Employment and earnings
Full-time health educators generally work
a standard 9-to-5 day, 40-hour per week schedule. As
programs, events, or meetings require, however, they may
need to work in the evenings or on weekends.
Health educators held 57,900 jobs in May
2006, according to the U.S. Bureau of Labor Statistics (BLS).
They worked primarily in general medical and surgical
hospitals, individual and family services, and local and
State governments. In addition, a small number of them
worked in outpatient care centers.
Median annual wages of health educators
were $41,330 in May 2006, according to BLS. The highest
earning 10 percent made more than $72,500, and the lowest
earning 10 percent made less than $24,750.
BLS projects employment of health
educators to grow faster than the average for all
occupations through 2014. Job growth is driven by the
rising costs of healthcare, increased awareness of
preventable diseases, the need for early detection of
diseases, and an increasing recognition of the need for
qualified health educators. People seeking work in this
field should have favorable job prospects.
Insurance companies, employers, and
governments are looking for ways to curb continued spikes
in healthcare costs. Because teaching people about healthy
living is less expensive than treating sick patients,
health educators’ skills in preventing costly illnesses
are in demand. Many serious illnesses—such as lung
cancer, heart disease, and skin cancer—are linked to
unhealthy but largely avoidable behaviors. As a result,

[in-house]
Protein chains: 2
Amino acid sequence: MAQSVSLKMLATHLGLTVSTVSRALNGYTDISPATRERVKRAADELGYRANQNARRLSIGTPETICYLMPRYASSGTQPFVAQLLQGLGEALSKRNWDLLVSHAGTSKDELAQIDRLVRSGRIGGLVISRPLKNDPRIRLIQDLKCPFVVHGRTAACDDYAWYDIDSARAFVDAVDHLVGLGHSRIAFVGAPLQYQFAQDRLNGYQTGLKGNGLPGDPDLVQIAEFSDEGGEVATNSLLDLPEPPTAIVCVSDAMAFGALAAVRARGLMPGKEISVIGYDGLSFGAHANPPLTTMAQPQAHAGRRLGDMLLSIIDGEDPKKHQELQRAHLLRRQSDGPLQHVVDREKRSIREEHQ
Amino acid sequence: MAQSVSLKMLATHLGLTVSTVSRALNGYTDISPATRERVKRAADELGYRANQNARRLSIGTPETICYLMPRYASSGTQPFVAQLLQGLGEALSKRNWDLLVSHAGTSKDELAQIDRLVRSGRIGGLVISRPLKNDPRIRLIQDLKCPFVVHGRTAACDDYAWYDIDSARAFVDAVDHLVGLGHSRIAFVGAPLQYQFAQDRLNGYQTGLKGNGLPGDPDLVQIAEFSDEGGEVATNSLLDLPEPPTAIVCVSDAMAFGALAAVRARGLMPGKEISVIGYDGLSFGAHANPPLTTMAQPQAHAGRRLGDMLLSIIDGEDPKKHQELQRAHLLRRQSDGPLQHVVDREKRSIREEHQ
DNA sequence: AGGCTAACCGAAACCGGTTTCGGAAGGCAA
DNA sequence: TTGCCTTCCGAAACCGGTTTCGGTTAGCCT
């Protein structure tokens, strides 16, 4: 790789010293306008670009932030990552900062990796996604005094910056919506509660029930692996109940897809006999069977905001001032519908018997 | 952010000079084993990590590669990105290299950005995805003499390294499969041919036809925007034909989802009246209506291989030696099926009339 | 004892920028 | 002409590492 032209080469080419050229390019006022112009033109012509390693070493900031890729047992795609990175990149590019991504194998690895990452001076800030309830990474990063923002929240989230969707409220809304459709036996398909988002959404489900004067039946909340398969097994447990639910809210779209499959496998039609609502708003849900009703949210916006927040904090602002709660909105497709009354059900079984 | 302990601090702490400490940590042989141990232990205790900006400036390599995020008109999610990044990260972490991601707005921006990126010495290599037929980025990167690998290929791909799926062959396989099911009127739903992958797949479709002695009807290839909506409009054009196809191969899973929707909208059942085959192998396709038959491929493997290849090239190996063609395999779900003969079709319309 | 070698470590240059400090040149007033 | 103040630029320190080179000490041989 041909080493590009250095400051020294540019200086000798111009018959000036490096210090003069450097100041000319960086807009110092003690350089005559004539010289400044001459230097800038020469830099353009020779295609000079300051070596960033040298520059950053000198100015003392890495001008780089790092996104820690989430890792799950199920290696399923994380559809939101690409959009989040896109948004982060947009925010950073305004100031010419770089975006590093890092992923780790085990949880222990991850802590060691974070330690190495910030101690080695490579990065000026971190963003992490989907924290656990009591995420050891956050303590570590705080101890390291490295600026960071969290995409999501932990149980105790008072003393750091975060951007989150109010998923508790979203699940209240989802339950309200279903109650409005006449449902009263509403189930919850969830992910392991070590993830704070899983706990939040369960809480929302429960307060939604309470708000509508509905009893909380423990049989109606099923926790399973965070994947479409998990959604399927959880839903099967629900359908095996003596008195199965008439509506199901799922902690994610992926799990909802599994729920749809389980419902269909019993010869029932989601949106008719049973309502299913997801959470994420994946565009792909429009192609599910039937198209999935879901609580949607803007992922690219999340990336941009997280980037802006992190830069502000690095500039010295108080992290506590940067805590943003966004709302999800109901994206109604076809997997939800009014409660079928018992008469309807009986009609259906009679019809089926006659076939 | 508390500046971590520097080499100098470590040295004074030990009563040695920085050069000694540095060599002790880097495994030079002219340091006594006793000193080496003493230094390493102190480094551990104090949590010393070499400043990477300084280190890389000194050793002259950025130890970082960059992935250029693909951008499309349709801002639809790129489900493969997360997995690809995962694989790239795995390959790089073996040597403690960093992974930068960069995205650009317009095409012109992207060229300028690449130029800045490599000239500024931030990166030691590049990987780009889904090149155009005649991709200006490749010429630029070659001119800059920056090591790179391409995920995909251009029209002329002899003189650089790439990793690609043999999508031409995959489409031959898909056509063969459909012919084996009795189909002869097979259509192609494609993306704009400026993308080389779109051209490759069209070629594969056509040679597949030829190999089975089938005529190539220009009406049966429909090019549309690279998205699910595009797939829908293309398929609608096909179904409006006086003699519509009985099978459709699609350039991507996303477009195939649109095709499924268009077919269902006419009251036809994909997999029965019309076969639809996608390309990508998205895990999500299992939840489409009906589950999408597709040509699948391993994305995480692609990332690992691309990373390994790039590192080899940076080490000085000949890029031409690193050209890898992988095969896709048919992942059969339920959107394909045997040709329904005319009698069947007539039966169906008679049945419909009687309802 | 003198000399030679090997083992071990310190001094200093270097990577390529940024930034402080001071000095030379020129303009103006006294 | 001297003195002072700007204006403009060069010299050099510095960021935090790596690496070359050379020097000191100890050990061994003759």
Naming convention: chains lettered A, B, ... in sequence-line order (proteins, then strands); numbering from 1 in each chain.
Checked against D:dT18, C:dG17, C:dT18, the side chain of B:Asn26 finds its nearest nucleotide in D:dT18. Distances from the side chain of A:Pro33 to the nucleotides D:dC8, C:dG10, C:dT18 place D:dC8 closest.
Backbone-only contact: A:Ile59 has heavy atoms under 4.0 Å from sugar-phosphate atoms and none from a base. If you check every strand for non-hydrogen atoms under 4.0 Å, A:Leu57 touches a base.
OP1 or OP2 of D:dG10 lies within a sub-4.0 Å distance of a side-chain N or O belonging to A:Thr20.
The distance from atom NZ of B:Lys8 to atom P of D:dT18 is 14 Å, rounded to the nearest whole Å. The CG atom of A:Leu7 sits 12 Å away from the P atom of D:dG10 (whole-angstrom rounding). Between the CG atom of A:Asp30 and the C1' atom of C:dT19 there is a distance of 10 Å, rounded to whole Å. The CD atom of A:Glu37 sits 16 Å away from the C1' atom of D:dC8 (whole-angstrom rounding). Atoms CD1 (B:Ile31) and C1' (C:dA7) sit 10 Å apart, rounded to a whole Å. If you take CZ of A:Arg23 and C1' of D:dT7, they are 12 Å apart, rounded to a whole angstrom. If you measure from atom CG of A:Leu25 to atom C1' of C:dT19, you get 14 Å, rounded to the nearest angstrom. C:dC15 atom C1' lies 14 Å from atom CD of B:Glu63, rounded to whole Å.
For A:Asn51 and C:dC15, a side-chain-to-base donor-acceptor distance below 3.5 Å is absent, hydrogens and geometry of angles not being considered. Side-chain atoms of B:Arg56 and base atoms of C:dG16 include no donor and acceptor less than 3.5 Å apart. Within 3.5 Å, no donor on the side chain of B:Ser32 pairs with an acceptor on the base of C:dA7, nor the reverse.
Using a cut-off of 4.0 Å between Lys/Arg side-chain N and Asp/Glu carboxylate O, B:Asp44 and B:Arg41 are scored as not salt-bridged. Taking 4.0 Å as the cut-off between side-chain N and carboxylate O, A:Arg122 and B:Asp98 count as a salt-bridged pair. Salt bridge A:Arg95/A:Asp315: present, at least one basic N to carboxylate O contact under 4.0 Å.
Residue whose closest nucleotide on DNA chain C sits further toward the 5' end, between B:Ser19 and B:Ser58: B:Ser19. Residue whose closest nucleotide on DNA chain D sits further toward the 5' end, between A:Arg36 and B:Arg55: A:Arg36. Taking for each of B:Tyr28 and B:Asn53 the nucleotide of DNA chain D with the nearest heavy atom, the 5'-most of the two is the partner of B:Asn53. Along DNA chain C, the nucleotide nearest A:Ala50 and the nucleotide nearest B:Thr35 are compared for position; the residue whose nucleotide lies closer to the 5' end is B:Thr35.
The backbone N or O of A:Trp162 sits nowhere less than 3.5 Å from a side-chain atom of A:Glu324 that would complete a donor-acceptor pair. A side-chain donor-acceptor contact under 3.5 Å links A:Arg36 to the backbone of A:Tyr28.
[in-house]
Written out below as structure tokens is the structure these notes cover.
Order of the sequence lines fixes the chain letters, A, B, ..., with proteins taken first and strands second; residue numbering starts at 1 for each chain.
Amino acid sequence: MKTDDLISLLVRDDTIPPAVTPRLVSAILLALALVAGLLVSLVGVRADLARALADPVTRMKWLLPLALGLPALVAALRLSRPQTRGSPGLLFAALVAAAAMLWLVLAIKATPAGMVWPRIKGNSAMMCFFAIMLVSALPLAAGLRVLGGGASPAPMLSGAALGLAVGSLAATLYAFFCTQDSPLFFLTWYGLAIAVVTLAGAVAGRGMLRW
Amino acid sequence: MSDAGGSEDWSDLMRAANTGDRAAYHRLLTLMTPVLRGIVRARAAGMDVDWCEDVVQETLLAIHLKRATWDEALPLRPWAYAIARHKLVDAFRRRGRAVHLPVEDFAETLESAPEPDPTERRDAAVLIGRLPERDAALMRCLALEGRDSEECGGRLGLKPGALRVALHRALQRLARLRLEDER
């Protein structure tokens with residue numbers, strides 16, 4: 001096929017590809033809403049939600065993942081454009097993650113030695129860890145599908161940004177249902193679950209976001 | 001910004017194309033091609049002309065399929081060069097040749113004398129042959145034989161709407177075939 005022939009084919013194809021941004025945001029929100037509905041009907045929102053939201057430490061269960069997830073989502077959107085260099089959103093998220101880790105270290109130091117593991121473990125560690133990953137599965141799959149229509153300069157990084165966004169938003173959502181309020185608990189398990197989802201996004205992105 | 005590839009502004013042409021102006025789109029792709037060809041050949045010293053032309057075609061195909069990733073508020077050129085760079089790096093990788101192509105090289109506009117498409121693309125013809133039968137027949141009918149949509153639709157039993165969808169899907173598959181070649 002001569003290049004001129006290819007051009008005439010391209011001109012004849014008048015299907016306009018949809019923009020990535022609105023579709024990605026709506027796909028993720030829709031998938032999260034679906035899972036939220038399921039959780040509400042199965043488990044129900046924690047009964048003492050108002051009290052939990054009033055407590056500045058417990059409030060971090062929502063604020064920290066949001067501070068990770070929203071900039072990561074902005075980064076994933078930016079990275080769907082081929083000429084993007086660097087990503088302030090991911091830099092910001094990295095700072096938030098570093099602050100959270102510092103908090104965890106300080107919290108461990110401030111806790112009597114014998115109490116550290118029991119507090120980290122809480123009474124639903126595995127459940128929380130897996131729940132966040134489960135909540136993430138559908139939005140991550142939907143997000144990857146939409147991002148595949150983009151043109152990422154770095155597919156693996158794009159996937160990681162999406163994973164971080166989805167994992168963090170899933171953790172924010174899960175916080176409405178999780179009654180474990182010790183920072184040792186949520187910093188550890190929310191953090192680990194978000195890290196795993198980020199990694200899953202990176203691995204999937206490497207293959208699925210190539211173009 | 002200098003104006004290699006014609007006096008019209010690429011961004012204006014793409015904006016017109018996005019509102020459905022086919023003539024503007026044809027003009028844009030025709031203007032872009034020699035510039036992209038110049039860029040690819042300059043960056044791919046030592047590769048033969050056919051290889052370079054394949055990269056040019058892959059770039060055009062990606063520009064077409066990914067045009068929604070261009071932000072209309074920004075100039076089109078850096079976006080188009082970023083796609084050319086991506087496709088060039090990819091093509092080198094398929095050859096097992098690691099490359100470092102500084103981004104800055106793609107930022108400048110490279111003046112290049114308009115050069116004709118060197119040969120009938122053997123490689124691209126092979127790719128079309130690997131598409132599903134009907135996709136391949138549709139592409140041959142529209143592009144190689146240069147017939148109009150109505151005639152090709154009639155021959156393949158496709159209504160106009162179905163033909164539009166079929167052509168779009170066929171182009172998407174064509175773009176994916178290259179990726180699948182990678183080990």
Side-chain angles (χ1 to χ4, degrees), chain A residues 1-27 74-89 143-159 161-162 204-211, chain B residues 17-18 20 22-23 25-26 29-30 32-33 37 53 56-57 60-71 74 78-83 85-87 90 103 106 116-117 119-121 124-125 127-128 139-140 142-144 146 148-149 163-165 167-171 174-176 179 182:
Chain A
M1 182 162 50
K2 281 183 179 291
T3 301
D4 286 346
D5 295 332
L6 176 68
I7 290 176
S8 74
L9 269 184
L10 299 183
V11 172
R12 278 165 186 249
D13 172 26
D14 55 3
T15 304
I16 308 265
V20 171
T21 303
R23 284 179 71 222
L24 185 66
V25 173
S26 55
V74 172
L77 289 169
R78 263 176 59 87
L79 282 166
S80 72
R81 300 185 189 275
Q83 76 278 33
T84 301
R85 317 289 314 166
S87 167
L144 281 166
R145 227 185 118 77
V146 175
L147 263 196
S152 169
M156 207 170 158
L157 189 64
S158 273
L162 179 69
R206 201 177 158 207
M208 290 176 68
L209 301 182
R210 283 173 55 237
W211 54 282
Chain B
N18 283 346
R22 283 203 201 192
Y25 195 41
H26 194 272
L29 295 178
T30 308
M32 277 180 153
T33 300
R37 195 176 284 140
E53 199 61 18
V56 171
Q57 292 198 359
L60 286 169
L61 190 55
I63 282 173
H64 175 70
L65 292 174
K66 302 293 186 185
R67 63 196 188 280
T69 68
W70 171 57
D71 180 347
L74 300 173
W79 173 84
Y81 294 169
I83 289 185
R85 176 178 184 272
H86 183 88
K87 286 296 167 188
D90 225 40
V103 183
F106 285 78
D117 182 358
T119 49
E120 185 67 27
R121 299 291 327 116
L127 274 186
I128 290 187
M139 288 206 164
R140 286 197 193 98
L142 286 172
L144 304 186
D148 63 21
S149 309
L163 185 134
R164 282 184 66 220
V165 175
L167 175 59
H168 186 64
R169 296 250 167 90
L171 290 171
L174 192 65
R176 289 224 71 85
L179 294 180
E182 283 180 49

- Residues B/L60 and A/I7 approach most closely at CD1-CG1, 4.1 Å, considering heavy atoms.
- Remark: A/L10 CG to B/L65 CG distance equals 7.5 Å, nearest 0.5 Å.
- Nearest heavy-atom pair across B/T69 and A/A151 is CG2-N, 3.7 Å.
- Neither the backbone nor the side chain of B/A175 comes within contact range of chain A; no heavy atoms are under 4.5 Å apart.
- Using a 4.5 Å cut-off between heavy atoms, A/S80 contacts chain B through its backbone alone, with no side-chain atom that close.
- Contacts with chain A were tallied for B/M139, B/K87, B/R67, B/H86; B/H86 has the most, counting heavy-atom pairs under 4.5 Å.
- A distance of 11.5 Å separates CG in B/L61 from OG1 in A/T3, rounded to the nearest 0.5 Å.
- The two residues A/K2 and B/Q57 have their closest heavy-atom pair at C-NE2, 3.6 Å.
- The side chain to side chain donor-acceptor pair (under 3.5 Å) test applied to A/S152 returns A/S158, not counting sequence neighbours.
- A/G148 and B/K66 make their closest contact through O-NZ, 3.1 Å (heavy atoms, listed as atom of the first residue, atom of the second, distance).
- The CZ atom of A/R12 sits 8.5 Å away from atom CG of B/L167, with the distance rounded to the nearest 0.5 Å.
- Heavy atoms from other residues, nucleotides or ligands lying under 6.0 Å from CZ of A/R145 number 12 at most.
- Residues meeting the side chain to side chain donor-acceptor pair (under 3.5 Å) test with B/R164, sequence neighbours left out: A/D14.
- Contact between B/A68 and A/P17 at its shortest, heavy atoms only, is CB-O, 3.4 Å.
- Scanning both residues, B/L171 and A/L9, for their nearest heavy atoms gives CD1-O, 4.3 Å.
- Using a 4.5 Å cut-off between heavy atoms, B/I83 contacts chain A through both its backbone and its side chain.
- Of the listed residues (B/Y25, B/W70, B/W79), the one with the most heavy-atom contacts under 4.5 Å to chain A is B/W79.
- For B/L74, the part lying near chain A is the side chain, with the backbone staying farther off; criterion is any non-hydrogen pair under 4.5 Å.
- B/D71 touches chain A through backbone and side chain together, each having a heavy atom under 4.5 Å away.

BLS projects that State and local governments, hospitals,
and businesses will hire health educators to teach the
public about lifestyle choices.
Not all diseases are avoidable, of course.
Many times, however, detecting an illness early increases
the chances for successful treatment. Health educators
teach people how to perform self-exams for some diseases
that are more easily treated if detected early, such as
testicular cancer. Therefore, health educators are
increasingly sought to make the public aware of the
advantages of early detection.
In the past, health education duties were
often assigned to nurses or other healthcare
professionals. In recent years, however, employers have
recognized that health educators are better trained to
perform those duties. As a result, demand has increased
for workers who have a background specifically in health
All of these factors have led to job
growth for health educators in most industries, but jobs
may decrease in secondary schools through 2014.
Cash-strapped schools frequently cut back on health
education programs and ask teachers trained in other
subjects, such as science or physical education, to teach
Overall job prospects for health educators are expected
to be favorable, however. Applicants who gain relevant
experience through internships or volunteer jobs will have
the best opportunities. Health educators who have at least
a master’s degree, which is generally required only when
working in public health, may have the best prospects.
Although this occupation is growing strongly, it still
employs relatively few people.
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